With this quick bit of on-the-job training, he turned us loose on Kansas’ wheat fields. We stopped every 10 to 15 miles, searching for fields not fenced in or posted against trespassing. The passengers did the measurements; the drivers did the driving. Each day, the tour coordinator reshuffled drivers and passengers.

It’s one thing to view wheat through a car window as you speed down the highway. At this time of year, it looks like a lush, velvety, emerald green carpet, rippling like water in the wind. But get out into the field, and that carpet turns into thicket of stiff stalks a foot taller than your knees. Walking in it is slow going.

During the tour, some drivers caravanned with other cars, doubling up the number of data takers in a given field. This helped when trying to figure out row widths. The tour’s several farmers and wheat commission staffers quickly straightened out the rookies on such matters.

Our second-day driver followed a car driven by his colleague, Mr. Green. At a number of stops, Mr. Green conducted a master class in wheat’s life cycle.

“Wheat is an opportunistic plant, making the most of its conditions throughout the growing period,” he explained. Because the plant can generate more shoots, called tillers, depending on moisture conditions and slough them and the resulting stalks off during dry periods, its estimated yield constantly changes. “Each row on the head has the potential for three or four kernels, but if stressed, the plant won’t fill all of them,” he said.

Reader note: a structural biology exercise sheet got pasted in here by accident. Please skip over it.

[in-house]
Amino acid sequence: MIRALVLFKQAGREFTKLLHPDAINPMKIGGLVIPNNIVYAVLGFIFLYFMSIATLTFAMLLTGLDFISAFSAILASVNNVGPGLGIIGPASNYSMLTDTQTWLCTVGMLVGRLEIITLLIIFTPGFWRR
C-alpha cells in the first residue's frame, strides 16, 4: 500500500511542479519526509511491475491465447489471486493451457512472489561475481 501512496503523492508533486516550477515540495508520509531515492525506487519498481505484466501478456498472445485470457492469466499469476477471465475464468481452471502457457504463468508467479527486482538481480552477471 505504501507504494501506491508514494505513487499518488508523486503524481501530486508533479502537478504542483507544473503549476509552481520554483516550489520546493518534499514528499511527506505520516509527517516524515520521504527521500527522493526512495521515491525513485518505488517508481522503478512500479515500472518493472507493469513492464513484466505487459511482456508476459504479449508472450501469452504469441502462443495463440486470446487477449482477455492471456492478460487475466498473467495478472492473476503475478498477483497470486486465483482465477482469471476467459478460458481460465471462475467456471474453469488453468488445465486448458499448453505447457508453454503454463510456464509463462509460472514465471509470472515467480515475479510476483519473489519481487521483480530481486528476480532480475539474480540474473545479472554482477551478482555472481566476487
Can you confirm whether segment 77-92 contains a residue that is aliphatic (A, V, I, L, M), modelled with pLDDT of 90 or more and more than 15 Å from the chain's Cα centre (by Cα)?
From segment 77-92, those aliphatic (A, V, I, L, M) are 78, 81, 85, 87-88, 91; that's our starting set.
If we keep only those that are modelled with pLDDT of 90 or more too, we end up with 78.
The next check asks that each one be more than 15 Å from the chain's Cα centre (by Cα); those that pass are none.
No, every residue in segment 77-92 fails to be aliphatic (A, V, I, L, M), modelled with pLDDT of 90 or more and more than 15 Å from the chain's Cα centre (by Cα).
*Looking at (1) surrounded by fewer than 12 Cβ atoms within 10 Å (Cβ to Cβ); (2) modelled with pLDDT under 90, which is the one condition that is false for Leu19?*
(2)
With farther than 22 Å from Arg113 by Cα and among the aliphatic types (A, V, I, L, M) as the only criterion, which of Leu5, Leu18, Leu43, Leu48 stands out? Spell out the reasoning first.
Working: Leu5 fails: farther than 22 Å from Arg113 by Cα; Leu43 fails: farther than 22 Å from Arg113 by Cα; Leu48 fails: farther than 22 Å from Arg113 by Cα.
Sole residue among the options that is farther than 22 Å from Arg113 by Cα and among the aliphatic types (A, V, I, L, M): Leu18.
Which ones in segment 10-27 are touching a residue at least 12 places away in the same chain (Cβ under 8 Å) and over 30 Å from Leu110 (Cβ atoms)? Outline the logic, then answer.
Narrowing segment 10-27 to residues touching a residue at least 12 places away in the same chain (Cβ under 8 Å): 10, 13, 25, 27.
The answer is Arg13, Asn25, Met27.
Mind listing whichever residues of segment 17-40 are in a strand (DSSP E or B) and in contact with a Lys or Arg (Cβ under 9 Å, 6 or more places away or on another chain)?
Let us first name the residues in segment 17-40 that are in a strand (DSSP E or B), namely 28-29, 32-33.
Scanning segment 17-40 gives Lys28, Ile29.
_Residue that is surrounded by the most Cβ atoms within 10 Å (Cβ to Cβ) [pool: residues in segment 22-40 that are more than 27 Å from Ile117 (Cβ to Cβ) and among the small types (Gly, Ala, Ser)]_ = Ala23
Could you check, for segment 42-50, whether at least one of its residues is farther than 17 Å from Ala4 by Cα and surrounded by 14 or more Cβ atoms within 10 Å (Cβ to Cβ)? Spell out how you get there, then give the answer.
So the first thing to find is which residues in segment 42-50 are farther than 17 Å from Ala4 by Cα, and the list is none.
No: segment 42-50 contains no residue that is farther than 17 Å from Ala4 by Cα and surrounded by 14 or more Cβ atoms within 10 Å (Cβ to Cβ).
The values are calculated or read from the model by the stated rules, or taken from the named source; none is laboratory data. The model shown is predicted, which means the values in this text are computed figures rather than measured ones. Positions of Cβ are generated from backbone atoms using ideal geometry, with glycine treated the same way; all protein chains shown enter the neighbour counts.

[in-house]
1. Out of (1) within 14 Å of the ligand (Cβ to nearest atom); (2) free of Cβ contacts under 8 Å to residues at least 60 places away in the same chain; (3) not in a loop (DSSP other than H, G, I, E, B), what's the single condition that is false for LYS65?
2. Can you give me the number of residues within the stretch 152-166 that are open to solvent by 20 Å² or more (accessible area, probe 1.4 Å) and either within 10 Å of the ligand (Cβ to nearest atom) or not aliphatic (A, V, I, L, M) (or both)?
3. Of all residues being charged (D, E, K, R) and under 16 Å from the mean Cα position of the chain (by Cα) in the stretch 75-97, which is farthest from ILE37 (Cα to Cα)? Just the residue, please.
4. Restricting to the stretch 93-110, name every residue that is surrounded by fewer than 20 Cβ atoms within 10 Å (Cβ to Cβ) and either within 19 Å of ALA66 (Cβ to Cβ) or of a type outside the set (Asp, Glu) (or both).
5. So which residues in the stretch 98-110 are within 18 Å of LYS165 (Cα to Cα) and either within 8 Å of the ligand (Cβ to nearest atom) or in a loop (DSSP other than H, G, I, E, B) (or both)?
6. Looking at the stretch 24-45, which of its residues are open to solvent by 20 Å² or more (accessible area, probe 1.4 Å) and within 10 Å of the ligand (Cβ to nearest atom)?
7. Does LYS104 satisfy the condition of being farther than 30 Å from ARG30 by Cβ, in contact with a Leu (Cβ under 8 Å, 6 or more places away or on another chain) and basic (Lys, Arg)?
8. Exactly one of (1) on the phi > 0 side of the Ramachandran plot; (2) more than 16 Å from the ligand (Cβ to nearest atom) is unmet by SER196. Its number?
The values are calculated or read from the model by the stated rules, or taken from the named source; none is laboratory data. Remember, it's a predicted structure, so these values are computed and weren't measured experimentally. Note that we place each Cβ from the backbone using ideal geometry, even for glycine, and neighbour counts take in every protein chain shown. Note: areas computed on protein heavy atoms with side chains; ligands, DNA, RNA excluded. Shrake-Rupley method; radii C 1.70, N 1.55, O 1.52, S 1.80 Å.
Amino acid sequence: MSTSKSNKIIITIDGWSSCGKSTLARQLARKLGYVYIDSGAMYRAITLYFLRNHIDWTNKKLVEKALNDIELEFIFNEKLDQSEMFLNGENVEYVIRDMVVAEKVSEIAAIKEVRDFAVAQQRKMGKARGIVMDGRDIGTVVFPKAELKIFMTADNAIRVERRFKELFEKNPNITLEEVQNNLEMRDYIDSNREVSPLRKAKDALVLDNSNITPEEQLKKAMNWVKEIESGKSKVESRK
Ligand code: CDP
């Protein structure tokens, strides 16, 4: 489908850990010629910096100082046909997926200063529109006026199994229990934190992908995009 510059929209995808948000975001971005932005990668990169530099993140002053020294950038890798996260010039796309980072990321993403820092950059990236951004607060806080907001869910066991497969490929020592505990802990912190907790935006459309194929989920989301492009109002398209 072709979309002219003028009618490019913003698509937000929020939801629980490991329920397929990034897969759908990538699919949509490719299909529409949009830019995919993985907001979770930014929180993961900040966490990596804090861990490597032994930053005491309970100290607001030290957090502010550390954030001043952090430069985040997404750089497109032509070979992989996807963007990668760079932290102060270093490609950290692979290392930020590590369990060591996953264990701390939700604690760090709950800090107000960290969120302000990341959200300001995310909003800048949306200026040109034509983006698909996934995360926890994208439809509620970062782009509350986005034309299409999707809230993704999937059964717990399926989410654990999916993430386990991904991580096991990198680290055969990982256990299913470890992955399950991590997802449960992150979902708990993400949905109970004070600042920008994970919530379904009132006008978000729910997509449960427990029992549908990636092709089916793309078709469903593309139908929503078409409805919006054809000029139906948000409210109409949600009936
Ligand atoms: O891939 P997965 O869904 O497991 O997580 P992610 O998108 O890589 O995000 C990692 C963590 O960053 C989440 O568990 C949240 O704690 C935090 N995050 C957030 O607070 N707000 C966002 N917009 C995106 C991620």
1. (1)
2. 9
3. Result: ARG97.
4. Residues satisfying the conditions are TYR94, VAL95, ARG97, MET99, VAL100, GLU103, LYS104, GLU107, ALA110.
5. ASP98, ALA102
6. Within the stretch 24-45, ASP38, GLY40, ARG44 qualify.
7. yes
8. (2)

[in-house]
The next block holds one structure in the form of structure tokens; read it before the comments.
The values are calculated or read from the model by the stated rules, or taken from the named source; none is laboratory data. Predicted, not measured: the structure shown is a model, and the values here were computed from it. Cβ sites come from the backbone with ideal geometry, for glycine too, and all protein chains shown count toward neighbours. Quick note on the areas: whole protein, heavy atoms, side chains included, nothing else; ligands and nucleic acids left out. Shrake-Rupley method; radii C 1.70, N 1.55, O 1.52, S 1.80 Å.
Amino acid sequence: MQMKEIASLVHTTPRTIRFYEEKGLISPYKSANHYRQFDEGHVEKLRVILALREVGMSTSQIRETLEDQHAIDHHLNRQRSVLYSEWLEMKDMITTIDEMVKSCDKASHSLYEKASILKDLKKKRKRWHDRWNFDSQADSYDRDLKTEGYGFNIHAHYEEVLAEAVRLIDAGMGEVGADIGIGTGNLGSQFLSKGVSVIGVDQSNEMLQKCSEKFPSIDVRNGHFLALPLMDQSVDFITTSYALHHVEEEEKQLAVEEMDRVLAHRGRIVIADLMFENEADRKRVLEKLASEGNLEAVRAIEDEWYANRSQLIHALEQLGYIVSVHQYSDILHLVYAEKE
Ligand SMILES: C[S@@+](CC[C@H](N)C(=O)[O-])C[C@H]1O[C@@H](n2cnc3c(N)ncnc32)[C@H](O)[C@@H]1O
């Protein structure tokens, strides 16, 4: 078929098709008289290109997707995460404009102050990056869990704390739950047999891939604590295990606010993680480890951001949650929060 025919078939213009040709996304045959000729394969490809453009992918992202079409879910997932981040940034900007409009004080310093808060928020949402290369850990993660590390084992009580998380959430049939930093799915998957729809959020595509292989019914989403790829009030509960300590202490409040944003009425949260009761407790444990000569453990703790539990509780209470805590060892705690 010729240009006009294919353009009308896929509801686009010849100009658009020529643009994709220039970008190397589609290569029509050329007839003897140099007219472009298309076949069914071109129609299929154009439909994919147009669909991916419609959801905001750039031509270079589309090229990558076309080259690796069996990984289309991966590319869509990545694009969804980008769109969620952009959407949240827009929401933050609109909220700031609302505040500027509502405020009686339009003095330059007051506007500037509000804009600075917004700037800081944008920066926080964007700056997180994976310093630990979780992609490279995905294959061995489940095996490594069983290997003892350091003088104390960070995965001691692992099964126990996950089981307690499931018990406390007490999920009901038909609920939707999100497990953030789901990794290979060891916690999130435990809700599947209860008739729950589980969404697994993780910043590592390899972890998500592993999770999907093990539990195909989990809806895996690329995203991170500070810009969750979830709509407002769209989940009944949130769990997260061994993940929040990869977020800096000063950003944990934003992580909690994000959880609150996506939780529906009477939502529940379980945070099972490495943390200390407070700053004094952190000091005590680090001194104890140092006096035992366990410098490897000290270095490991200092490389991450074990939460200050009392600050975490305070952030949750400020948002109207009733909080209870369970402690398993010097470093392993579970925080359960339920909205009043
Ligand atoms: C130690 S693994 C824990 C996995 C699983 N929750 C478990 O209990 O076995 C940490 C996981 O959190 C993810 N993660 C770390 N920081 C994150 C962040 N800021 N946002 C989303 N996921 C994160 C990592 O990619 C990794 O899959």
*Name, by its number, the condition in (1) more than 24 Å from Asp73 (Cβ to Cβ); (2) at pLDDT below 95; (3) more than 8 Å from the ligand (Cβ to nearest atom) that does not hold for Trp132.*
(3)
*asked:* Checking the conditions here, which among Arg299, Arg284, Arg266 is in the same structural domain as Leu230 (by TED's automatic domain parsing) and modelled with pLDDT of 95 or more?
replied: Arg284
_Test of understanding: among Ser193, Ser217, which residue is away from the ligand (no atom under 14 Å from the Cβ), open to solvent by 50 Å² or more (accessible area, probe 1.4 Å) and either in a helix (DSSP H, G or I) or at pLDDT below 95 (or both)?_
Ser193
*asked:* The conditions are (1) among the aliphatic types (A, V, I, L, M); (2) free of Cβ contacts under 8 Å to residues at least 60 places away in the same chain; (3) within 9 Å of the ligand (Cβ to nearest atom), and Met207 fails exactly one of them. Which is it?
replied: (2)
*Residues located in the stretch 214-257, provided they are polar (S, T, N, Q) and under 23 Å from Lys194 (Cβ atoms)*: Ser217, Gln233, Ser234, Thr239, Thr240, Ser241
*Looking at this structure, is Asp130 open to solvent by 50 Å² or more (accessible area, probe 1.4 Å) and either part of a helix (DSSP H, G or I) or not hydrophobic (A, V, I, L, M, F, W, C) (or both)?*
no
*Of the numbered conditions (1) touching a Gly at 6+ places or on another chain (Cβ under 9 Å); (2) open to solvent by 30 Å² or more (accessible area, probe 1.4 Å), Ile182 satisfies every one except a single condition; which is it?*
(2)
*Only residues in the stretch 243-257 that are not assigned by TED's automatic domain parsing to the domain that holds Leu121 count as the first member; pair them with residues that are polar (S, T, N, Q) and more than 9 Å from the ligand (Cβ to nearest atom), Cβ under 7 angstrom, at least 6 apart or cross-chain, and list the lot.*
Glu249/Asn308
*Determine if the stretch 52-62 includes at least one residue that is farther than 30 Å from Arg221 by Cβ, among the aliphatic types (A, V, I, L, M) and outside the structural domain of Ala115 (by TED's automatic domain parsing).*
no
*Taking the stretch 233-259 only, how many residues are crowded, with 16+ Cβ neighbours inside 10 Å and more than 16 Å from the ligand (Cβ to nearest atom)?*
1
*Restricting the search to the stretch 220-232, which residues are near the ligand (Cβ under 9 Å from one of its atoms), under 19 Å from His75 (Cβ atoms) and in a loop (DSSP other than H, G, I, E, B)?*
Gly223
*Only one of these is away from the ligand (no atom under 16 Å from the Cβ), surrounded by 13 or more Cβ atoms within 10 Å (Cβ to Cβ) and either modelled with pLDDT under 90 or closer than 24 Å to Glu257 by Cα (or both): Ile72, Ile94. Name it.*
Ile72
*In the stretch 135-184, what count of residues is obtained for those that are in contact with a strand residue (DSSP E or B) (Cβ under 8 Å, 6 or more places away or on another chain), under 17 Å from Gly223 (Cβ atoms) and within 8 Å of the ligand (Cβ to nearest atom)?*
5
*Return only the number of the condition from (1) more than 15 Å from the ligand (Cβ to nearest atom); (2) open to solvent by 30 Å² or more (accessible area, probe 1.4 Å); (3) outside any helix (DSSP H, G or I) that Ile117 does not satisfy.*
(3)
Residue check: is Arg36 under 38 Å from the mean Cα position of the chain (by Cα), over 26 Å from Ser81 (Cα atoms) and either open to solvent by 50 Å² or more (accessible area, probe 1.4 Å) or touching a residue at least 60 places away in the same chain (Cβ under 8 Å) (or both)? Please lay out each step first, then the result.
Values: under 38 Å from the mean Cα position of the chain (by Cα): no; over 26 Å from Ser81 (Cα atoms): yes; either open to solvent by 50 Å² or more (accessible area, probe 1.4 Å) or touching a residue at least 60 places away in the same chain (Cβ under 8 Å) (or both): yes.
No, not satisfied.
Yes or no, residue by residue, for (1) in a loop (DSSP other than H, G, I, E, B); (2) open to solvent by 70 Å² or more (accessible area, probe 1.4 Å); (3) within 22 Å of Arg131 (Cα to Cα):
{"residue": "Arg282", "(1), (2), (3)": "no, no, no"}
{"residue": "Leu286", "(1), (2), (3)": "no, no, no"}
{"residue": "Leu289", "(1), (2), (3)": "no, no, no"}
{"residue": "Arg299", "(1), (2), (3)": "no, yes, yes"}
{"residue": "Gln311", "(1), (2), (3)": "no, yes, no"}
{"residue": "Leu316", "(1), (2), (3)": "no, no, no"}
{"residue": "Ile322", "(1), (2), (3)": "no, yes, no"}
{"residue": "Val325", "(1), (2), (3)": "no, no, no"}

Off the beaten track

The farther west we drove, the more field conditions changed. Different planting patterns were evident from the edge-to-edge style of eastern Kansas to the no-till method now emerging in the western part of the state, an approach developed to hold down wind-driven soil erosion. While rain supplied the moisture in the east and central regions, the much drier west employed center-pivot and flood irrigation.

Besides wheat, we saw corn and alfalfa, along with at least one very large dairy operation in the far western reaches of Kansas. We found plenty of tumbleweed and even a rare example of devil’s claw, a weed whose seed evolved to latch onto the legs of passing bison. Rabbits, prairie chickens and lots of red-winged blackbirds populated fields along with cattle and horses, and a few hawks and turkey vultures circled lazily overhead.

I did not get to see the World’s Largest Ball of Twine at Cawker City, KS, but I did visit the Garden of Eden at Lucas, KS. We also stopped at the Cottonwood Ranch, the Dalton Gang Hideout, the Big Basin Prairie Preserve with its red rock formations hiding St. Jacob’s Well, the Carrie Nation House, the Medicine Lodge Stockade Museum, the Tallgrass Prairie National Preserve, the Mennonite Heritage Museum and, finally, the Kansas City Board of Trade.